If a property is purchased with a tenant in situ or a sitting tenant, then the tenant living at the property before the purchase will stay in place after the property is sold and become the tenant of the new owner.

There are multiple benefits to buying a property with a sitting tenant. For example, if the property is a buy to let property, the new landlord will receive immediate income and this in turn avoids the property initially sitting empty whilst finding a tenant. Properties with sitting tenants also tend to sell for a lower price than those with vacant possession.

However, there are also many things to carefully consider when buying a property with a tenant in situ. Arguably, the most important factor to consider is that upon purchase of the property, the new landlord takes on all obligations and liabilities of the previous landlord. New landlords should therefore take note of:

  • Whether the property has a valid EPC. To comply with the Minimum Level of Energy Efficiency standard, domestic private rented properties must have an EPC rating of E or above to be able to be let. If this is not the case, steps will need to be taken by the new landlord immediately to improve the energy rating.
  • Whether the property currently has a valid gas safety certificate commissioned. To comply with the Deregulation Act 2015, all tenancies commencing on or after 1 October 2015 must have a gas safety certificate. Gas safety certificates expire after 12 months, so require renewal every year.
  • Whether a gas safety certificate was commissioned at the date the tenant took occupation of the property. If the tenancy began on or after 1 October 2015 and a valid gas safety certificate was not commissioned at the time the tenant took occupation of the Property, no landlord can ever serve a valid Section 21 (no fault) eviction notice.
  • Whether the tenant was given a hard copy of the ‘How to Rent’ guide from the Department for Communities and Local Government at the beginning of each tenancy, and whether the version provided was the correct version at the time of service. This is a legal requirement for all tenancies created or renewed from 1 October 2015 under the Deregulation Act 2015.
  • Whether the tenants deposit was protected within 30 days of receipt, and whether it was protected correctly in accordance with the Housing Act 2004. Failure of the old landlord to correctly protect a deposit, or to comply with initial requirements of the deposit protection scheme could leave the new landlord potentially liable to pay the tenant compensation. The compensation could amount to 1 to 3 times the amount of the deposit for each new tenancy.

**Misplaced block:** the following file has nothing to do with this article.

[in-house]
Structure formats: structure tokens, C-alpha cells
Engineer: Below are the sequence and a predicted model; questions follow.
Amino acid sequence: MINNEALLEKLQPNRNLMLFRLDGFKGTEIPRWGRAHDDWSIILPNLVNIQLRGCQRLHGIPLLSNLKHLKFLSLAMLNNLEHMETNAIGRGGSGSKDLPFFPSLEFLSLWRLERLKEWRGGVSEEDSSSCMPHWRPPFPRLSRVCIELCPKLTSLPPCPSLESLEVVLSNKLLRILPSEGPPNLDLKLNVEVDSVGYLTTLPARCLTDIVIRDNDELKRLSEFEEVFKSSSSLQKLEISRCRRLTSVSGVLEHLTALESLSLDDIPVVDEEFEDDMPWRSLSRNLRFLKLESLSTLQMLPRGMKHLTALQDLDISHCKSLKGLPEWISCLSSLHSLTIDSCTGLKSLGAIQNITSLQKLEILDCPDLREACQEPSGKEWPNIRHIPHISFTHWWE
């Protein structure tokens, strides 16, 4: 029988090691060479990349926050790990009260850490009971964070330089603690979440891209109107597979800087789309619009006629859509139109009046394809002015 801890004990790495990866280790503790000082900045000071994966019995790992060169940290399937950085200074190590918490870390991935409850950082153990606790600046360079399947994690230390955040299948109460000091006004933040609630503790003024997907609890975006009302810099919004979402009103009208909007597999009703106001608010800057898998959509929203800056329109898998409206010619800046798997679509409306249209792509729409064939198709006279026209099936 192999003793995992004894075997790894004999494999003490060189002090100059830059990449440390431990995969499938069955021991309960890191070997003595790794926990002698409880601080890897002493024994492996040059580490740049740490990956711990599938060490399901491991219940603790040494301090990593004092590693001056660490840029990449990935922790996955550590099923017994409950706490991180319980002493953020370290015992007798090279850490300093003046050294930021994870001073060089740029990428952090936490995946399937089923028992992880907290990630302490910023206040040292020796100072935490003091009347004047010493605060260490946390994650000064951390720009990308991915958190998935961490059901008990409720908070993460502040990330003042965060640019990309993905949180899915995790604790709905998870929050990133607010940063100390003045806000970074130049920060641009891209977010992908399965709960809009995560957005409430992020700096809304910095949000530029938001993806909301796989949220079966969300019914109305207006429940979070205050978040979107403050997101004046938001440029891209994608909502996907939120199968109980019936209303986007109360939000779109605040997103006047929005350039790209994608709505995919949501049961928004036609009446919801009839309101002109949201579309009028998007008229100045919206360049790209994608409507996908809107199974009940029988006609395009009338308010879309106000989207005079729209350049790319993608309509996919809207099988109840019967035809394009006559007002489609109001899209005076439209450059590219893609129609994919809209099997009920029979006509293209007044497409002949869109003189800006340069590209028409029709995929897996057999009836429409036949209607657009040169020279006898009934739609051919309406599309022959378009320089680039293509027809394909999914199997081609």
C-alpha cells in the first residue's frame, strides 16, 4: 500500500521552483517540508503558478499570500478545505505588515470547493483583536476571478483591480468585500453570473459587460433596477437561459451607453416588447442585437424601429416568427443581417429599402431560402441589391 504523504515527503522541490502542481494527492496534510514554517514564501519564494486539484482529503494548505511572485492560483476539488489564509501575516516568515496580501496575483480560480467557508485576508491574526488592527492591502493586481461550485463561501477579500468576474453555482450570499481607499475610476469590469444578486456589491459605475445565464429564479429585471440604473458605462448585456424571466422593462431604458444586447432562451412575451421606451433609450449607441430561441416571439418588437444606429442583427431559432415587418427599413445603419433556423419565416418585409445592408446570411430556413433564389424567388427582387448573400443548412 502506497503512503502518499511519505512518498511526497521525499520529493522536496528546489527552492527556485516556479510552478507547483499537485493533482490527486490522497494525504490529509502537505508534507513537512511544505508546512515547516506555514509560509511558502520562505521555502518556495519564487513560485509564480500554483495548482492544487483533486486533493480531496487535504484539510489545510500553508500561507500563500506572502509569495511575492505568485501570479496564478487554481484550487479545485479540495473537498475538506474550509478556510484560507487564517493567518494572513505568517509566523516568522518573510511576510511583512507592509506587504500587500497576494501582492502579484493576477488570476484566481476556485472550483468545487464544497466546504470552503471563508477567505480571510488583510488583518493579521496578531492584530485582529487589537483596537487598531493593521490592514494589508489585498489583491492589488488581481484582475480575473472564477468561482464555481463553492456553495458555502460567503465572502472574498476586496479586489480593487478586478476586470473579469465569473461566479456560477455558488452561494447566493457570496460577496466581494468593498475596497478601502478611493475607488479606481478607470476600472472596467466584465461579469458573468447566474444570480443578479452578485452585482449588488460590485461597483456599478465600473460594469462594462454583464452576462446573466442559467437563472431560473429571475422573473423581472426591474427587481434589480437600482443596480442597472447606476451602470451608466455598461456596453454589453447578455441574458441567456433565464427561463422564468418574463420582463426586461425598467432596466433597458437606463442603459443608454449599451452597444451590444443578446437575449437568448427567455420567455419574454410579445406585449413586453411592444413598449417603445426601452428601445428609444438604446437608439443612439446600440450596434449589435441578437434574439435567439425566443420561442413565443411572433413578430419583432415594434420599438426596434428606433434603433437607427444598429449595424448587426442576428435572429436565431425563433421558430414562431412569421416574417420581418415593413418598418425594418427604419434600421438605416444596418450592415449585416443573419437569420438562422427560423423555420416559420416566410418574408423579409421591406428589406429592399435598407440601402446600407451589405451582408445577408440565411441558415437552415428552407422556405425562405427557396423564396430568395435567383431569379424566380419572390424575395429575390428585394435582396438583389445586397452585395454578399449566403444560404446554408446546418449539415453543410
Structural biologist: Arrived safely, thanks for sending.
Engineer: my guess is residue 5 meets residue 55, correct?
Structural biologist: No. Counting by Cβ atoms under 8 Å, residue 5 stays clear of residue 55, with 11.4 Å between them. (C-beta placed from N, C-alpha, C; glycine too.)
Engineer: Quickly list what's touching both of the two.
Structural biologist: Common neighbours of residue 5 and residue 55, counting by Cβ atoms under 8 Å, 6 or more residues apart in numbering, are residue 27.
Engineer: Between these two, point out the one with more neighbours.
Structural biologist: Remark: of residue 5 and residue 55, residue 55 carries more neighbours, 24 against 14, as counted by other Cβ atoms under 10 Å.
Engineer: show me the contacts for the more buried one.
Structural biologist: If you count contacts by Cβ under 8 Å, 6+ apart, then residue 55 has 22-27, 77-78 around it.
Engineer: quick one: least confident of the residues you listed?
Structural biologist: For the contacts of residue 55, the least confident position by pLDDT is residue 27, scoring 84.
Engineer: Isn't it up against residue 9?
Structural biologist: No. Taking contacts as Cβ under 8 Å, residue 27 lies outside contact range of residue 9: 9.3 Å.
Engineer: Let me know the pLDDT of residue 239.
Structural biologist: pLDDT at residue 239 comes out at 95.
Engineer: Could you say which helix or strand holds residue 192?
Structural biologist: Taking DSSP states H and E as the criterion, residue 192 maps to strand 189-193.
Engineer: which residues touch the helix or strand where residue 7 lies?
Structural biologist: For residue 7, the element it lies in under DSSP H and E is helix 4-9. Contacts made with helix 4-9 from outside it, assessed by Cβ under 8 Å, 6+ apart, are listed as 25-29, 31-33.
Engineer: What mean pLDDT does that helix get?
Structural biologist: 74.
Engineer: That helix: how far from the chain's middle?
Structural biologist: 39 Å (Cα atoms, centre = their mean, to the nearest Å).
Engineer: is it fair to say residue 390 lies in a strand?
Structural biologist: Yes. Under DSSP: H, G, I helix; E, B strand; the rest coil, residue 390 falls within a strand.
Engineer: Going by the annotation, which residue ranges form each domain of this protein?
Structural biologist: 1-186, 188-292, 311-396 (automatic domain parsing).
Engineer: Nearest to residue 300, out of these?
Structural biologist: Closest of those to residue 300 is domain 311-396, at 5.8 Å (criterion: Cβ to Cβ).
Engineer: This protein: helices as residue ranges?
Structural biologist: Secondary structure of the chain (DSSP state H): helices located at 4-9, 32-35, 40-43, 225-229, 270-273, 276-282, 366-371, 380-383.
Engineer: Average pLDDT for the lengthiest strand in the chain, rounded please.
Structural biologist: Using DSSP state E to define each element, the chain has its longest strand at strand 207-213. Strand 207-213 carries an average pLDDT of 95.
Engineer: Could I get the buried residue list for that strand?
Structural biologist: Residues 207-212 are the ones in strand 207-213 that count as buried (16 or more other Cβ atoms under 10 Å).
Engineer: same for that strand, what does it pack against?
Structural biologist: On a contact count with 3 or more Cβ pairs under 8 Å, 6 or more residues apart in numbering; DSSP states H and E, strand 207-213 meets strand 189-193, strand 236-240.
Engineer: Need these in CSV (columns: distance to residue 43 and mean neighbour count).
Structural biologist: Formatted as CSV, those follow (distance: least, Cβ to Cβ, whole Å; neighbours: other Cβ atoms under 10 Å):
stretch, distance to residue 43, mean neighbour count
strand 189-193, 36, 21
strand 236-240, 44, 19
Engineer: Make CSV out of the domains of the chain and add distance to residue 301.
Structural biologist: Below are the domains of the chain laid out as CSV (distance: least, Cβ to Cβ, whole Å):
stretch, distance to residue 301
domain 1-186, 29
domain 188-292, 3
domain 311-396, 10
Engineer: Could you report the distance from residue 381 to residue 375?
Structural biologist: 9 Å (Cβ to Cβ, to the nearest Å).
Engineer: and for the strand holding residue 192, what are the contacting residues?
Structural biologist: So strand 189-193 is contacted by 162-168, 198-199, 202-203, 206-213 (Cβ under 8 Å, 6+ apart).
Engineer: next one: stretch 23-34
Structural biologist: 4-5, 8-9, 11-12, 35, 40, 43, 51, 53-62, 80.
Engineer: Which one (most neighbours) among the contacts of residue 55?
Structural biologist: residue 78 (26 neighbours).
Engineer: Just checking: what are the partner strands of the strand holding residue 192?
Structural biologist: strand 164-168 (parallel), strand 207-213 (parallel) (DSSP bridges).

• Whether a forfeiture clause is included in the tenancy agreement. This usually provides for the landlords right to regain possession of the property if the tenant breaches the agreement.
  • Whether there is a smoke alarm on each storey of the property used as living accommodation, and a carbon monoxide alarm in any room of the property used as living accommodation with a fixed combustion appliance. If there is not, under the Smoke and Carbon Monoxide Alarm Regulations the new landlord will need to install these and check they are in proper working order.
  • Whether the property is required to be licensed, and if so whether this is in place. Some rental properties will require a selective property license or a house in multiple occupation license. Landlords with unlicensed rented properties could receive a financial penalty notice under the Housing Act 2004 of up to £30,000, and a Section 21 eviction notice will not be able to be served until a license is at least applied for by the new landlord.
  • Whether there are any verbal agreements in place between the old landlord and the tenant, as the new landlord may be obliged to fulfil the agreement.
  • Whether the old landlord has undertaken the right to rent checks and has evidence to demonstrate this. The new landlord should confirm this and take note of when follow up checks are required, as if after the sale the tenant loses their right to rent and the follow up checks are not conducted, the new landlord will be responsible and could be liable for a civil penalty.
  • The registration gap is the time between submitting a Land Registry application and receipt of the new or updated register of title. The Land Registration Act 2002 confirms that the new landlord will only be an owner in equity until they are registered proprietor. Currently, the average registration gap for routine ownership/changes to existing registered titles is three months, but this time scale varies. This could cause issues if the new landlord wishes to serve an eviction notice and issue proceedings in this time.

Please note that the above list is not exhaustive and does not constitute legal advice. If you are thinking about buying a property with tenants in situ, please contact our Property Litigation team who would be more than happy to help and advise.